Supreme Court Justice John Paul Stevens condemned the death penalty in a speech before the American Bar Association yesterday. He laid out a substantial case showing that our system for imposing capital punishment is flawed. Most serious was Stevens assertion that DNA evidence has shown "that a substantial number of death sentences have been imposed erroneously."
AP reports that according to the Death Penalty Information Center, a group opposed to capital punishment, "more than three dozen death row inmates have been exonerated since 2000."
Such a record seems adequate to Kent Scheidegger, legal director for the Criminal Justice Legal Foundation, a pro-death penalty group. He is reported to have said, "I wouldn't say that 20 or 30 cases out of 8,000 constitutes a broken system."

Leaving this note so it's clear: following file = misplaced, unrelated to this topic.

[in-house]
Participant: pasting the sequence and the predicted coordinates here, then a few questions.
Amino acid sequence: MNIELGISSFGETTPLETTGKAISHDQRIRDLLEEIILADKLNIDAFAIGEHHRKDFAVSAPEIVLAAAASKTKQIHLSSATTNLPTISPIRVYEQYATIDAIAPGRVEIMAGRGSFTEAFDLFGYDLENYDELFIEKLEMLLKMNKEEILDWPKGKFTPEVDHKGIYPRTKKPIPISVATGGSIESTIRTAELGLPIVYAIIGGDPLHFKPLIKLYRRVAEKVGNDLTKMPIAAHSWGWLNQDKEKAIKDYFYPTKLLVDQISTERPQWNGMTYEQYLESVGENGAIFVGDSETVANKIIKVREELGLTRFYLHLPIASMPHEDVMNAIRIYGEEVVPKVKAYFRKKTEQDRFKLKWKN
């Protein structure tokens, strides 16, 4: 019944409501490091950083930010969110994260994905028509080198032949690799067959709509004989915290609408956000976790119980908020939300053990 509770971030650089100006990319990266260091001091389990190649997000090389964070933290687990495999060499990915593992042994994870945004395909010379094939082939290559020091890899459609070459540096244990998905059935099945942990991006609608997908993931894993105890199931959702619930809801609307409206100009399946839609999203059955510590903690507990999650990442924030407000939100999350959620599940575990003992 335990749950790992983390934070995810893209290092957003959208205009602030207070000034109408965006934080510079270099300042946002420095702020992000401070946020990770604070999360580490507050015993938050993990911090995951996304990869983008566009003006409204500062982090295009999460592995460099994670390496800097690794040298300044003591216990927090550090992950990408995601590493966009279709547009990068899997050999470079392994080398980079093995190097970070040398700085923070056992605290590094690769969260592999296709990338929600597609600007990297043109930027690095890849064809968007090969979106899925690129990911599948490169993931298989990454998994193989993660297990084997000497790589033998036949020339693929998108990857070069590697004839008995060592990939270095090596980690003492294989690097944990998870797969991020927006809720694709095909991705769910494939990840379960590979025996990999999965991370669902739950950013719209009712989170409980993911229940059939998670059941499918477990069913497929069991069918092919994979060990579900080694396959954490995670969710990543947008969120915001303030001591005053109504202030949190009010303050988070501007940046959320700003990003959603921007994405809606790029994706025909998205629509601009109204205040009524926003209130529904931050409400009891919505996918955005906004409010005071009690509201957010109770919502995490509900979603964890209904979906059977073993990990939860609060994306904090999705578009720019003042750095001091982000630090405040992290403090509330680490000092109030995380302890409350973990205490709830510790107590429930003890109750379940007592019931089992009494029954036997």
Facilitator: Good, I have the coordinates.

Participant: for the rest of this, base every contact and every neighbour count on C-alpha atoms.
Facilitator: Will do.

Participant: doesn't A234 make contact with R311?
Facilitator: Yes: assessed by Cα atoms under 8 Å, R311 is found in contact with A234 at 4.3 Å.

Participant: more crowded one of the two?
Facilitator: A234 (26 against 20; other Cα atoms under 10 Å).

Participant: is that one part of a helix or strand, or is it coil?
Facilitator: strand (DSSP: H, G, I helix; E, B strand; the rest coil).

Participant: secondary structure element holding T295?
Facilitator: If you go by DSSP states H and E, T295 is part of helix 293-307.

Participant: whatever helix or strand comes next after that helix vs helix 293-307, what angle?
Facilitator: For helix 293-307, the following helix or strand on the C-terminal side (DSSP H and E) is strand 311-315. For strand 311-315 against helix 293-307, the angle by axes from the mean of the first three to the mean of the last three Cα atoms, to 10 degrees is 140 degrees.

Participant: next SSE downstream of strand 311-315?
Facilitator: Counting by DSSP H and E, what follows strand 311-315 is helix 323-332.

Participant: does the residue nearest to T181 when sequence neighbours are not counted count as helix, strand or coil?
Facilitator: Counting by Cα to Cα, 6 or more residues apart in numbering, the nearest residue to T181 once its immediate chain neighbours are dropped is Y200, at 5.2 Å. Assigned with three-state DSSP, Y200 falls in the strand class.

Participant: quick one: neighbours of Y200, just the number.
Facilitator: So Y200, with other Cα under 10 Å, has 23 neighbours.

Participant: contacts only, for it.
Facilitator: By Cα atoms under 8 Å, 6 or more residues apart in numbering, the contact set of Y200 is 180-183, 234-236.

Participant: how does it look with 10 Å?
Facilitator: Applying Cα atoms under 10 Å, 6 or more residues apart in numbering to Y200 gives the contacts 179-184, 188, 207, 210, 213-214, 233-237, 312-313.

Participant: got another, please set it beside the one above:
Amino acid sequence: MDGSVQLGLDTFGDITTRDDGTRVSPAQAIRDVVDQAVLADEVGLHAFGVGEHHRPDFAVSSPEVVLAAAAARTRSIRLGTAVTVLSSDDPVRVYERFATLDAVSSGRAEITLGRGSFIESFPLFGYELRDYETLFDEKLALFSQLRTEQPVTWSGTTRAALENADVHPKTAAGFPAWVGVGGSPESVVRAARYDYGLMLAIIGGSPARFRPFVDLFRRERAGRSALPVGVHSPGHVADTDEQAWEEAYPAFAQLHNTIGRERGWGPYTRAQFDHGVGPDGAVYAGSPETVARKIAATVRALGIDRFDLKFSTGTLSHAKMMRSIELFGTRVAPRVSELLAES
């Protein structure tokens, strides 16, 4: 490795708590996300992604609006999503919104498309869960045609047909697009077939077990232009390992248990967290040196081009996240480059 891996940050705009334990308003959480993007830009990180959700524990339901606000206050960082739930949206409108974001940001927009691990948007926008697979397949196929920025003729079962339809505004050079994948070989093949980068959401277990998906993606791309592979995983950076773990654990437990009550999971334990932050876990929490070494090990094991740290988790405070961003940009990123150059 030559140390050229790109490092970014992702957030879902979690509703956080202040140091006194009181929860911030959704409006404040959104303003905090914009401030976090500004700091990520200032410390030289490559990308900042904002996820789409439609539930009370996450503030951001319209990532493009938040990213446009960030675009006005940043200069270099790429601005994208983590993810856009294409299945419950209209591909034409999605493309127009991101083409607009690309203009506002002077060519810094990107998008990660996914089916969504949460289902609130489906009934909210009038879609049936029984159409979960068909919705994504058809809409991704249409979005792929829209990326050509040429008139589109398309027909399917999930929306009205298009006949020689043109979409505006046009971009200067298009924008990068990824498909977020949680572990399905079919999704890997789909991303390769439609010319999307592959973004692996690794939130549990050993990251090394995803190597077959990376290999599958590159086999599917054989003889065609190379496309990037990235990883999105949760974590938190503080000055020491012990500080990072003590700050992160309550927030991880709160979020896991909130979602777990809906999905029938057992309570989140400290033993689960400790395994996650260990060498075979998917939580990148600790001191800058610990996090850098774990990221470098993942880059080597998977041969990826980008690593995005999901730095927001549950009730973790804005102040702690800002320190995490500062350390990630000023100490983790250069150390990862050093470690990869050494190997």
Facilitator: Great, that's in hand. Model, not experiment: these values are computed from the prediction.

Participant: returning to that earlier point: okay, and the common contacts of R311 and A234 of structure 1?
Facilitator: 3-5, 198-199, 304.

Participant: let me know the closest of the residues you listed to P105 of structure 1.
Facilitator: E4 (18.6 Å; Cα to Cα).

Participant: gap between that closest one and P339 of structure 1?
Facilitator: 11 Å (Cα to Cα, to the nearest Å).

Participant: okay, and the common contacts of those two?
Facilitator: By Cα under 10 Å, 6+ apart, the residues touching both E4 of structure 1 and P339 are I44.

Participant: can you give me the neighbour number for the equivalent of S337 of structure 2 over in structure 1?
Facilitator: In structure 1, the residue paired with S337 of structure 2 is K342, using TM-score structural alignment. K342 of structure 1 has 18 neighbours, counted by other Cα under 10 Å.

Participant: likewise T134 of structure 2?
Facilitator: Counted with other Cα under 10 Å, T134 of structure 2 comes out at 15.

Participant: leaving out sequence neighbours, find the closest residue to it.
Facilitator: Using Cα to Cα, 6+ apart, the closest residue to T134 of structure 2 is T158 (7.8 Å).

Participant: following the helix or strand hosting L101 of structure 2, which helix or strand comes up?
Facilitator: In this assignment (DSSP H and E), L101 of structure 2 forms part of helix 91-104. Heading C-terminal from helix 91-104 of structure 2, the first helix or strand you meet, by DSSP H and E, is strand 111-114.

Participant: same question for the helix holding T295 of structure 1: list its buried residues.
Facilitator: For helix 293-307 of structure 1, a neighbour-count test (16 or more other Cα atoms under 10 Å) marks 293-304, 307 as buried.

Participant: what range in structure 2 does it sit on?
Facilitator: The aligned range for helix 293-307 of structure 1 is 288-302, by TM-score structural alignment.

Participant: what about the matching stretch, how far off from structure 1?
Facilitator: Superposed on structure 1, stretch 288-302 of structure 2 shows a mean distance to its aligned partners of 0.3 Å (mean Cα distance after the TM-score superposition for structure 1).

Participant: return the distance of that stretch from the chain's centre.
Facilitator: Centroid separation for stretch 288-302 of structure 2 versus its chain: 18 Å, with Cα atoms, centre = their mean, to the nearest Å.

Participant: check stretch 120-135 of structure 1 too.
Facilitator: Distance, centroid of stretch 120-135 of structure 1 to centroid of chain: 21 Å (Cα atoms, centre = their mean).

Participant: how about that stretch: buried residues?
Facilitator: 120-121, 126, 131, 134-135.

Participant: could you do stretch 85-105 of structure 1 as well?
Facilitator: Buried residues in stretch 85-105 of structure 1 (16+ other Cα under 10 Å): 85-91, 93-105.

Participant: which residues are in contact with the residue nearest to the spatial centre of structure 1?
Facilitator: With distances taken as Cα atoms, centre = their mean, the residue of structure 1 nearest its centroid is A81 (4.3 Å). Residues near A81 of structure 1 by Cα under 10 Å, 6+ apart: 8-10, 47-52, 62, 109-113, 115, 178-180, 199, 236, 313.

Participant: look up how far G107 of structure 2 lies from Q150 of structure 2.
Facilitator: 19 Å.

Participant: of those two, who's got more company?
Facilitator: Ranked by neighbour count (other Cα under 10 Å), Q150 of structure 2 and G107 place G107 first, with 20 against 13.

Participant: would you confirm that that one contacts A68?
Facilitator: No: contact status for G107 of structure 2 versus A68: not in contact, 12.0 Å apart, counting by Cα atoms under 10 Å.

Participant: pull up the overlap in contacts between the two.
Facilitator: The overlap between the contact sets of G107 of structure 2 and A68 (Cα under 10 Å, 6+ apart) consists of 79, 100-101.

In Scheidegger's eyes it's obviously acceptable to risk 20 or 30 innocent people being unjustly executed than for our entire nation to perish under the burden of giving 8,000 criminals life in prison without possibility of parole.
It seems to me that I've seen Scheidegger's utilitarian logic of expedience at work before:
"You know nothing at all, nor do you take it into account that it is expedient for you that one man should die for the people, and that the whole nation should not perish." (John 11:49b-50 NASV)